Unit, integration and functional tests:unit testing is the practice of testing small pieces of code, typically individual functions, alone and in an isolated manner. Integration testing involves checking whether different modules perform when combined together as a group. Finally, functional testing verifies the functionality of a given software composition, that is to confirm that the corresponding source code provides the expected behavior. In line with Test-Driven Development and other groups’ practices , it is encouraged to write tests before coding. Particularly, we encourage to a) write the general code skeleton, classes, and public methods and to b) write the test cases for the logic to implement.
IDE checks:many vulnerabilities in products and systems could be avoided if better, more secure coding practices were in place. A number of Integrated Development Environment (IDE) plugins exist, which help developers check for security flaws while they code .
Peer Code Review:the act of consciously and systematically analyzing fellow programmers code to check each others mistakes, an effective improvement practice for reducing security vulnerabilities.
Software Component Analysis (SCA):the process of identifying potential areas of risk from the use of third-party and open-source software components. In robotics, this could be very easily extended to hardware as well.
Static Application Security Testing (SAST):the study of software without executing it and by simply looking at its structure and content. SAST is a testing methodology that analyzes source code to find security vulnerabilities.
Alert on high-risk code changes:when the delta of code changes is above a certain pre-defined boundary, alerts should be generated.
Build (compilation) checks:CI systems generally involve one or more building process. Compilation output can deliver valuable input and should be accounted for. It is good practice to monitor a compilers output and file tickets for review in the warnings that remain. This can be easily automated and tickets can be filed to a centralized flaw management system like the Robot Vulnerability Database (RVD) . An open prototype of such a flaw management system, integrated with Github, is available at https://github.com/aliasrobotics/RVD including the necessary tooling to manage it.
Test and simulate task
Dynamic Application Security Testing (DAST):a practice to detect conditions indicative of a security vulnerability in an application or software in its running state. The software is tested from the outside, that is, no access to the source code
is assumed to be provided and thereby falls into the black-box security testing methodologies. (white-box)
Deep Static Application Security Testing (Deep SAST):leverages on the the effectiveness of using machine learning-based static analysis to predict security flaws.
Fuzz testing:a semi-automated testing technique for software that consists of injecting data in search for errors. It involves providing invalid, unexpected, or random data as input. (black-box)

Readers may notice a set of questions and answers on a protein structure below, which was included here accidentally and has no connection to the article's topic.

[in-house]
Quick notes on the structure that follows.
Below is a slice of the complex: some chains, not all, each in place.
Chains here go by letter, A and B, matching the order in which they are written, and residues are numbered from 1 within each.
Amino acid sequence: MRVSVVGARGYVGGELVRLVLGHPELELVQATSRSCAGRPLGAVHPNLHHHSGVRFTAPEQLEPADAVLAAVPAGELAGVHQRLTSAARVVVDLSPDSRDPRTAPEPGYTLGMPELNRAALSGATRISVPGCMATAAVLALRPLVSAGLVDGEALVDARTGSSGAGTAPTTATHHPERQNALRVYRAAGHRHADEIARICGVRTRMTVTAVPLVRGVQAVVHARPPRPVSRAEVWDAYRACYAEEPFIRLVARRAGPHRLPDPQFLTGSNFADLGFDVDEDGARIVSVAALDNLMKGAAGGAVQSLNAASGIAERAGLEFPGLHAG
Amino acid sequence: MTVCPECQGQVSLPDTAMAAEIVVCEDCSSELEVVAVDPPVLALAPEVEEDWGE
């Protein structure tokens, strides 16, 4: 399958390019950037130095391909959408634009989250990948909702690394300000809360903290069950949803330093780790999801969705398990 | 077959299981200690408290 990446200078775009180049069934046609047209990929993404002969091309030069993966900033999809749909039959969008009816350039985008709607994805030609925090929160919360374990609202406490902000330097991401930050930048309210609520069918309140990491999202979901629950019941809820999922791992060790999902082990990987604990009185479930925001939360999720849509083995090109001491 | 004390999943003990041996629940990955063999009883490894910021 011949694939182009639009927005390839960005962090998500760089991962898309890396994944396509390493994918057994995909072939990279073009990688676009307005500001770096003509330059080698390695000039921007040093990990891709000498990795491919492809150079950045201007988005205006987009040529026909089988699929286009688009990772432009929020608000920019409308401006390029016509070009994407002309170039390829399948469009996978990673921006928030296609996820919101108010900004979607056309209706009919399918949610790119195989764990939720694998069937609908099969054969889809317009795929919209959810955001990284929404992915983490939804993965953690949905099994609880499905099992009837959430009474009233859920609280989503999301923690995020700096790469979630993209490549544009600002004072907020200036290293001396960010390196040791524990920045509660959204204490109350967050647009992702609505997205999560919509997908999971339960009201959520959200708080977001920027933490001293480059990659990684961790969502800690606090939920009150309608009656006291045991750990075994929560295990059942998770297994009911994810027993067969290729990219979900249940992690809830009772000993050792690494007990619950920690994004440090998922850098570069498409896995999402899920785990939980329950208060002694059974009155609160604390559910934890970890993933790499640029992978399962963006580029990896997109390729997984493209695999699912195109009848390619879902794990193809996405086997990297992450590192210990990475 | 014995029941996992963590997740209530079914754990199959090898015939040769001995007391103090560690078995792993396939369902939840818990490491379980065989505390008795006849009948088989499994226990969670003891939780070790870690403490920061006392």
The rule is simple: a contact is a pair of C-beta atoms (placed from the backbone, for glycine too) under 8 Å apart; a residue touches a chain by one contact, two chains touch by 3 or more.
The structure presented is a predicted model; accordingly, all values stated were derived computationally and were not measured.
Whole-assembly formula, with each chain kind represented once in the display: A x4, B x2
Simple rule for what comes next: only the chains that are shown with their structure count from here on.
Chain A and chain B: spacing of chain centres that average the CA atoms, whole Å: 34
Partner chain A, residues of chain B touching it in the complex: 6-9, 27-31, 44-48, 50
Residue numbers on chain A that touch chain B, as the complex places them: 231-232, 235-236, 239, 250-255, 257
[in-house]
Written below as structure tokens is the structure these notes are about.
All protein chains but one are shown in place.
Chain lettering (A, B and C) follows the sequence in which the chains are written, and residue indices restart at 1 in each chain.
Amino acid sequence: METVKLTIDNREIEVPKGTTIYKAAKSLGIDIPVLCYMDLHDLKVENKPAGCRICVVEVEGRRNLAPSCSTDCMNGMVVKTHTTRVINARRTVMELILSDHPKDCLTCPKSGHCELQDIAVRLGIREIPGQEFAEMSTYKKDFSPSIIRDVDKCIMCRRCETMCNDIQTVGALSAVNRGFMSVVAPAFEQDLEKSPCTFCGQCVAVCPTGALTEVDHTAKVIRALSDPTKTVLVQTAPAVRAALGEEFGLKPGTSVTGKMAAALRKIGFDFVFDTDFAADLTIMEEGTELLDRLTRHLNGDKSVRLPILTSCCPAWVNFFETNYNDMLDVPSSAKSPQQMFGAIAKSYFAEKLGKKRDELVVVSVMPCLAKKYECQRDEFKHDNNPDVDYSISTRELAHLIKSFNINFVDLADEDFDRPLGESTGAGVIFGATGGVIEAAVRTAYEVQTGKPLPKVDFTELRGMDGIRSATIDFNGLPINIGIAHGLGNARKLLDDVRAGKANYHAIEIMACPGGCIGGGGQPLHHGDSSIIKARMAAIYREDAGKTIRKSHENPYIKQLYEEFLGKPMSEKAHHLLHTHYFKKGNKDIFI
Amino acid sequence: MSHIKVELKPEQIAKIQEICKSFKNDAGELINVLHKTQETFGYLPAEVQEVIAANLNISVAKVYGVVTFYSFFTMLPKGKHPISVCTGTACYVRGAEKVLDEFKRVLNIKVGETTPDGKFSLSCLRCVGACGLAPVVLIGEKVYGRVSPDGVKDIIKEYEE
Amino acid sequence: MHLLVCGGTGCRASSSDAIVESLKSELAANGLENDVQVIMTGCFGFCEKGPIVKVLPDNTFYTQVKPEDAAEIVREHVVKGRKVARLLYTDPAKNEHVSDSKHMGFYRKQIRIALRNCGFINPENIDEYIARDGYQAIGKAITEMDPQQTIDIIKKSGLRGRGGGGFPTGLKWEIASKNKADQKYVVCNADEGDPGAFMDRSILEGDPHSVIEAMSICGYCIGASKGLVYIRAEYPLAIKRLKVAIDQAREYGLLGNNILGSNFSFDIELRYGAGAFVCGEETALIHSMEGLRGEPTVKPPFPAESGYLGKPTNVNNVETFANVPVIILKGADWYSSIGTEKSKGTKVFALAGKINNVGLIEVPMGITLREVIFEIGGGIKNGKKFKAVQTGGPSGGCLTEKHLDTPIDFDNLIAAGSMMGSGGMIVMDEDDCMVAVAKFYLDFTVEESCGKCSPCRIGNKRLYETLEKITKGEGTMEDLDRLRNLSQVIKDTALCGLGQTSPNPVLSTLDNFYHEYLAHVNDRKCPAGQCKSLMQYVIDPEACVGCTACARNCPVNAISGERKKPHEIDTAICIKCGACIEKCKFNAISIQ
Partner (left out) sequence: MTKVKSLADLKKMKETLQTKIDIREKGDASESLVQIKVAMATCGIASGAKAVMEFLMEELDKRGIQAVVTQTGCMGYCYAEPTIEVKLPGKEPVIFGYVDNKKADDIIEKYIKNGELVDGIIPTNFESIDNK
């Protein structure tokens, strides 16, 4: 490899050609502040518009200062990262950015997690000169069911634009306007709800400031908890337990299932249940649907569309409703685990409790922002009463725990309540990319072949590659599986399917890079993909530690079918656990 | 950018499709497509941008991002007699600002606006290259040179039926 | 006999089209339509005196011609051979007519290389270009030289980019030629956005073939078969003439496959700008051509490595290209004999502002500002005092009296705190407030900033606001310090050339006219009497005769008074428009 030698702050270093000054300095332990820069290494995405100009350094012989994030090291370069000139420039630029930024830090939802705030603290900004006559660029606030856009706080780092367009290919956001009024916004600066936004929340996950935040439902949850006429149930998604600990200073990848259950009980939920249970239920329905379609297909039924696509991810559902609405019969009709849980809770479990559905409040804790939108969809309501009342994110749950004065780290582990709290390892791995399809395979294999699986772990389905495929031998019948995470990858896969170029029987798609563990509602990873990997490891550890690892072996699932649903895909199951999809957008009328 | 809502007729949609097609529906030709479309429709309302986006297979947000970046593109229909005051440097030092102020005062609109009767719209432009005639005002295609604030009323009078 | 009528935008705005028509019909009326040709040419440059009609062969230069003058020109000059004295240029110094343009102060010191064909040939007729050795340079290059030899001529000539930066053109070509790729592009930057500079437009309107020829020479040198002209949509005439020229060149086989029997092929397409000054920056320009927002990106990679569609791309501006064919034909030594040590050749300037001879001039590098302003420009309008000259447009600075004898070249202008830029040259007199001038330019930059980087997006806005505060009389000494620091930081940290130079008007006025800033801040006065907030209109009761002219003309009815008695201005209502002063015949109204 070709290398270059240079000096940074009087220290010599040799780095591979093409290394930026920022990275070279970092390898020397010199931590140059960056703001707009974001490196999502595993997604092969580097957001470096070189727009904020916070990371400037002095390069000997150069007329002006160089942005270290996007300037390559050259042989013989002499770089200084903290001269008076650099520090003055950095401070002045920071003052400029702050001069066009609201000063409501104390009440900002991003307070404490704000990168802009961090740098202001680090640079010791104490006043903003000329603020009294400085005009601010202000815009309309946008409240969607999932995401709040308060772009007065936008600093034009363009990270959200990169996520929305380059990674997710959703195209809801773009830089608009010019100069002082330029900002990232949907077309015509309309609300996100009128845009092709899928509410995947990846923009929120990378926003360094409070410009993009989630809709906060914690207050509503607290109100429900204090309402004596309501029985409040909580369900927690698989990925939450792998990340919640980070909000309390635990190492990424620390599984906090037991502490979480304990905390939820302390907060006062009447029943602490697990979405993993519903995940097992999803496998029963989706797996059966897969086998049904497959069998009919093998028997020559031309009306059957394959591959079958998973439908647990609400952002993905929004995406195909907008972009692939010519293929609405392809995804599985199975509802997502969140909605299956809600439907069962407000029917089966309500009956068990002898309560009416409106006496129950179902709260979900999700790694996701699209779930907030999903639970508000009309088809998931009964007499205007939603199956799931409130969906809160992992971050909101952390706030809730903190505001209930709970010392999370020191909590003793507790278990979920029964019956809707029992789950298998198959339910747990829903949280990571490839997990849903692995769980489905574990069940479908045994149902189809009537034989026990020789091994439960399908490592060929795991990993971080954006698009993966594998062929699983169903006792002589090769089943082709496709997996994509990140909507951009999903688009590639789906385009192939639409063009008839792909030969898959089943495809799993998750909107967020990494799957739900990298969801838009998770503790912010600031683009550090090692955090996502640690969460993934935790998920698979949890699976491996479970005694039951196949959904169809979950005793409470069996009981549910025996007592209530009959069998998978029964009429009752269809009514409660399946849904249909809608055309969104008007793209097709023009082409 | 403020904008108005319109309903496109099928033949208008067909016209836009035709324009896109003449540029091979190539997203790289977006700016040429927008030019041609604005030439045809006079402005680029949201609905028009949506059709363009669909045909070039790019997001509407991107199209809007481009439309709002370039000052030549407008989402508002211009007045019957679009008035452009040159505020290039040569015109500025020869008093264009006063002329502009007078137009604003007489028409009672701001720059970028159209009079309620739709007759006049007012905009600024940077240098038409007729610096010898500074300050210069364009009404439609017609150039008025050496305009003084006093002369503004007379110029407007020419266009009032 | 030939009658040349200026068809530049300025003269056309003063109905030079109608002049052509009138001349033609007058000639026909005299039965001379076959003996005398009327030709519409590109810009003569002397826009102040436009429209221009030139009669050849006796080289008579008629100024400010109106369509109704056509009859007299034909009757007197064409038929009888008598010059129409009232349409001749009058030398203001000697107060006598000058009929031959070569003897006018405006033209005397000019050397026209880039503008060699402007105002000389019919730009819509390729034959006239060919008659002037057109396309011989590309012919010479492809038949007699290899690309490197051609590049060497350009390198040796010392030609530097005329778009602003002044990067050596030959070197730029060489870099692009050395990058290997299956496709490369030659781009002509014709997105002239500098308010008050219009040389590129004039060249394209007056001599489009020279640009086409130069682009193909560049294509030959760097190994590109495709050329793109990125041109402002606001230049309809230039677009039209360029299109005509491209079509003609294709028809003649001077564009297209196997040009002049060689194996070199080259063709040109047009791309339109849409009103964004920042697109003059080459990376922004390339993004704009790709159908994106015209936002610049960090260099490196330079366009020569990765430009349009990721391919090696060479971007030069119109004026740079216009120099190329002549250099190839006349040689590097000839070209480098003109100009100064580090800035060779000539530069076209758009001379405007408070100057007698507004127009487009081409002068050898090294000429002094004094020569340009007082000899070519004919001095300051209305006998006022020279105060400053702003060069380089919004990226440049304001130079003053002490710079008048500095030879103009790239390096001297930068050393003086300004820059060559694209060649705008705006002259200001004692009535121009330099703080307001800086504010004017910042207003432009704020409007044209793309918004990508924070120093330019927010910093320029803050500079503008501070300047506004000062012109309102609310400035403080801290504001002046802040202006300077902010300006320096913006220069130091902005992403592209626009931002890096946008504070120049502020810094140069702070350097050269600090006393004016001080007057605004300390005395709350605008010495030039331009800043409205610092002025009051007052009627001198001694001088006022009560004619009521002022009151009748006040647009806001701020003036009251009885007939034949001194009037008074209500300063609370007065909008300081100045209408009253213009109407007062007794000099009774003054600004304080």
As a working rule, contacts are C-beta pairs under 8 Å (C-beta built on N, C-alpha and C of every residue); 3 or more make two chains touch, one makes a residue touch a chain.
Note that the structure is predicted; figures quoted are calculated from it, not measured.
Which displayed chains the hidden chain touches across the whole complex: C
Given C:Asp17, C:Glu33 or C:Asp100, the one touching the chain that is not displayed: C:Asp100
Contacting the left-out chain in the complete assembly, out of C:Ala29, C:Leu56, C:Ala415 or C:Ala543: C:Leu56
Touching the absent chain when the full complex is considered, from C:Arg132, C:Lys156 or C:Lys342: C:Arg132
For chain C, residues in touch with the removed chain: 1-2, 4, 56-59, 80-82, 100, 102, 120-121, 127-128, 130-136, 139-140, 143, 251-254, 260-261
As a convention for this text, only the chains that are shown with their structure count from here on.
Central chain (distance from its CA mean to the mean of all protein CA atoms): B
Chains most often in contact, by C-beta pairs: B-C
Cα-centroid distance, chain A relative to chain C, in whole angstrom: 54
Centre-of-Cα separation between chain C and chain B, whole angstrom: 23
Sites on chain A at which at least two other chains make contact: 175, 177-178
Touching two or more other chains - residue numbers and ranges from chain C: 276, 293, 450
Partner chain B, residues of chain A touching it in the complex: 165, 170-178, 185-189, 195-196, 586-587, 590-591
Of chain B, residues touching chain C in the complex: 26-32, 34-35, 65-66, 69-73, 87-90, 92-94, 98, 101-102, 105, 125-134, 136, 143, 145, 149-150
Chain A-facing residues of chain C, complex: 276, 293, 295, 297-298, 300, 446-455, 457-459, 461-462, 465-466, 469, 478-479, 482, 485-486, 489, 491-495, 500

Penetration Testing (PT or pentesting):the practice of simulating a cyber attack against a given system (with a well defined scope) to check for exploitable vulnerabilities and determining its severity. (white-box, black-box or gray-box)
Flaw management task
Flaw management activity:is the cyclical practice of identifying, classifying, re-mediating, and mitigating flaws. It is at the center of security activity and refers to the process of how security researchers, suppliers, and end user organizations
manage bugs and vulnerabilities, making systems more secure.
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Configuration and system integration task: deals with system integration and configuration of all parts previously developed and conforming the robotic system. It is one of the most sensitive tasks from a security perspective. It is critical to define secure deployment mechanisms and employ strong systematic configuration practices to ensure no flaws are presented during this task.
Monitor: deals with the continuous monitoring of the system and should oversee the systems’ performance, errors, and other relevant information. A common good practice is to employ elements that record all activity, securely, for potential future forensics research.
Vulnerability Scans:provide results on new vulnerabilities affecting your
system and provides solid data on their levels of severity. This data should be fed into the Flaw Management system and prioritized based on common scoring mechanisms.
Red Teaming:a full-scope, holistic, multi-layered, and targeted (specific goals)
attack simulation designed to measure how well a companys systems, people, networks, and physical security controls can withstand an attack. It aims to look for vulnerabilities that will maximize damage and meet the goal,in order to test organization/system detection and response capabilities in production.
Bug Bounties program: a coordinated and well scoped effort to encourage security research in a particular system rewarding (with bounties) those researchers who help find bugs. Bug Bounty programs utilize a pay for results model, favour competition and often leverage the crowd sourced model.
With DevOps, engineering efforts now serving multiple masters, where the focus used to be purely on precision, now longevity, scalability and security (with DevSecOps) hold equal footing in product requirement discussions. Where Quality Assurance (QA) had traditionally held the line on risk definition and maintainability, Security now has an equal, if not dominant, role.